MLB GMs pass on expanding use of instant replay
Posted: Tuesday November 10, 2009 4:06PM; Updated: Tuesday November 10, 2009 8:21PM
GMs pass on expanding replay
GMs failed to take a vote Tuesday on expanding instant replay following a postseason filled with blown calls by umpires.
"I know there are some who have talked off line about the expansion of instant replay," said Jimmie Lee Solomon, executive vice president of baseball operations in the commissioner's office. "Right now, the commissioner doesn't see any reason to consider it."
Baseball began video review in August 2008 but only to determine whether potential home runs were fair or foul or cleared fences.
Any change for 2010 likely would be likely have to be instigated by commissioner Bud Selig, who repeatedly has said he's against widening the use of video review. While there was discussion, Solomon said "it was all confined to the current instant replay system that we have."
"I think it's working great, and for the most part the umpires are getting the calls right when replay is used," Los Angeles Angels GM Tony Reagins said. "Can we always tweak and get better? Absolutely. But I think were headed in the right direction. For the most part they're getting calls right and not afraid to use instant replay. As long as things are moving in the right direction, I don't see a need to change."
The GMs also heard a report from umpiring vice president Mike Port on training, evaluation and structure.
"I think commissioner Selig is going to look at the entire umpiring structure and he's going to seek ways to enhance the entire structure," Solomon said.
Other topics touched on during the GMs' initial 4 1/2-hour meeting were restructuring the Arizona Fall League to include younger players and modifying the amateur draft to reflect the previous year's postseason performance.
Solomon said there was no discussion on pace of the game, a topic that came to the forefront during the World Series after numerous visits to the mound by Yankees catcher Jorge Posada.
No major trades were expected at this shorter-than-usual annual meeting, which ends Wednesday. Agents also are on hand at the gathering, being held at a hotel in O'Hare International Airport. Among the top available free agents are outfielders Matt Holliday and Jason Bay, pitcher John Lackey and infielder Chone Figgins.
Reagins said the Angels are interested in re-signing both Lackey and Figgins.
"These guys have opportunities to market themselves, and they've earned that," Reagins said. "And we're hopeful that we can come to an agreement at some point. Right now it remains to be seen."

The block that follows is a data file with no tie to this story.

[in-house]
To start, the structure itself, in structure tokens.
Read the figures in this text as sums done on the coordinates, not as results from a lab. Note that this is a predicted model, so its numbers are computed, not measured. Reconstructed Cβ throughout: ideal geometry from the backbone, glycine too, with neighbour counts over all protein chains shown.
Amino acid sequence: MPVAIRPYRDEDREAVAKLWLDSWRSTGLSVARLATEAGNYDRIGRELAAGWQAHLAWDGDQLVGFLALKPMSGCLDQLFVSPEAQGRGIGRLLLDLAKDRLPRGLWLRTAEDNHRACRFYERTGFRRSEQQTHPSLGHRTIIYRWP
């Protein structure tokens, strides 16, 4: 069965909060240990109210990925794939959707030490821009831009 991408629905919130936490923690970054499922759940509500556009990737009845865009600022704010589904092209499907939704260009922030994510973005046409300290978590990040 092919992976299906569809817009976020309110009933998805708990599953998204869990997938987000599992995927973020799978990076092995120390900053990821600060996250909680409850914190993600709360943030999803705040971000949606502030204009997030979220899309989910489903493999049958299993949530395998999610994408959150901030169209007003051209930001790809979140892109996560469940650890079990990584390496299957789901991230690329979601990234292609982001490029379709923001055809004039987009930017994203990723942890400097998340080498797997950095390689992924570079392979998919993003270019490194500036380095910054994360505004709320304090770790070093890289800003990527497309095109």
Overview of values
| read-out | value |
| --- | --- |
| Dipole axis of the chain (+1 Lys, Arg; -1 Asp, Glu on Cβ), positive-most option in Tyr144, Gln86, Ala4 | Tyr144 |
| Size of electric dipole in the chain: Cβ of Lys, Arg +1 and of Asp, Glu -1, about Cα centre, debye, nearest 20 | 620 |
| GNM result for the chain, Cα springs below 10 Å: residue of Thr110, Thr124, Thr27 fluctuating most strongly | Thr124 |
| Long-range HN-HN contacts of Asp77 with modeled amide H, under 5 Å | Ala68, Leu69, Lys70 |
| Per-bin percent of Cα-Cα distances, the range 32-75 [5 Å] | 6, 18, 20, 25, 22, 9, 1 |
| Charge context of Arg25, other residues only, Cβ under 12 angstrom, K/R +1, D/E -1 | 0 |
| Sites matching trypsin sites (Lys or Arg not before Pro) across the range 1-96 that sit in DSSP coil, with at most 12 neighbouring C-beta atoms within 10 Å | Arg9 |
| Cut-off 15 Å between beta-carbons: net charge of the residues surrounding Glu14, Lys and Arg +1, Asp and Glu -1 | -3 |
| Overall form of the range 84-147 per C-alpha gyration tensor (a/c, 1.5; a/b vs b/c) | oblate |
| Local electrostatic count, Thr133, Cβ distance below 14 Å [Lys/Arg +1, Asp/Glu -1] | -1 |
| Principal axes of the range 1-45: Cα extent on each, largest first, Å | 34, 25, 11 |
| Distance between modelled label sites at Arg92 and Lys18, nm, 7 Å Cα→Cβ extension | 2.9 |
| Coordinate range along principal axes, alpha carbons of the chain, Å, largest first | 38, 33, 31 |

Holliday, acquired by St. Louis from Oakland in July, figures to get among the largest contracts of the offseason. The 2007 NL batting champion is represented by agent Scott Boras.
"There's no doubt there will be a significant financial commitment with regards to Holliday, and at some point if we feel we're not getting to a successful conclusion of that, then we would start to decide how we would redeploy those resources," Cardinals GM John Mozeliak said. "I haven't spoken with Scott for some time. I'm hopeful that before I leave here we will have a face-to-face."
Boras, who was at the hotel to meet with some GMs, drew a parallel between Holliday, who turns 30 in January, and another of his clients, the Yankees' Mark Teixeira. Boras negotiated a $180 million, eight-year deal for Teixeira.
"Last year we had one club that went out and made a commitment to a franchise player and they won a world championship," Boras said. "I think a Matt Holliday is another player like that in this marketplace. You have a franchise player at a young age and you have a chance to really differentiate yourself as a franchise from all others. And we'll see how many teams are really going to be involved in that."
Red Sox general manager Theo Epstein hopes to re-sign Bay, a three-time All-Star obtained from Pittsburgh at the trade deadline in July 2008.
"We'd love to have him back under the right circumstances and he's certainly open-minded to returning to Boston, it's just a process that has to play itself out," Epstein said. "He's never been a free agent before. He's got the ability and a right to see what other teams have to offer."
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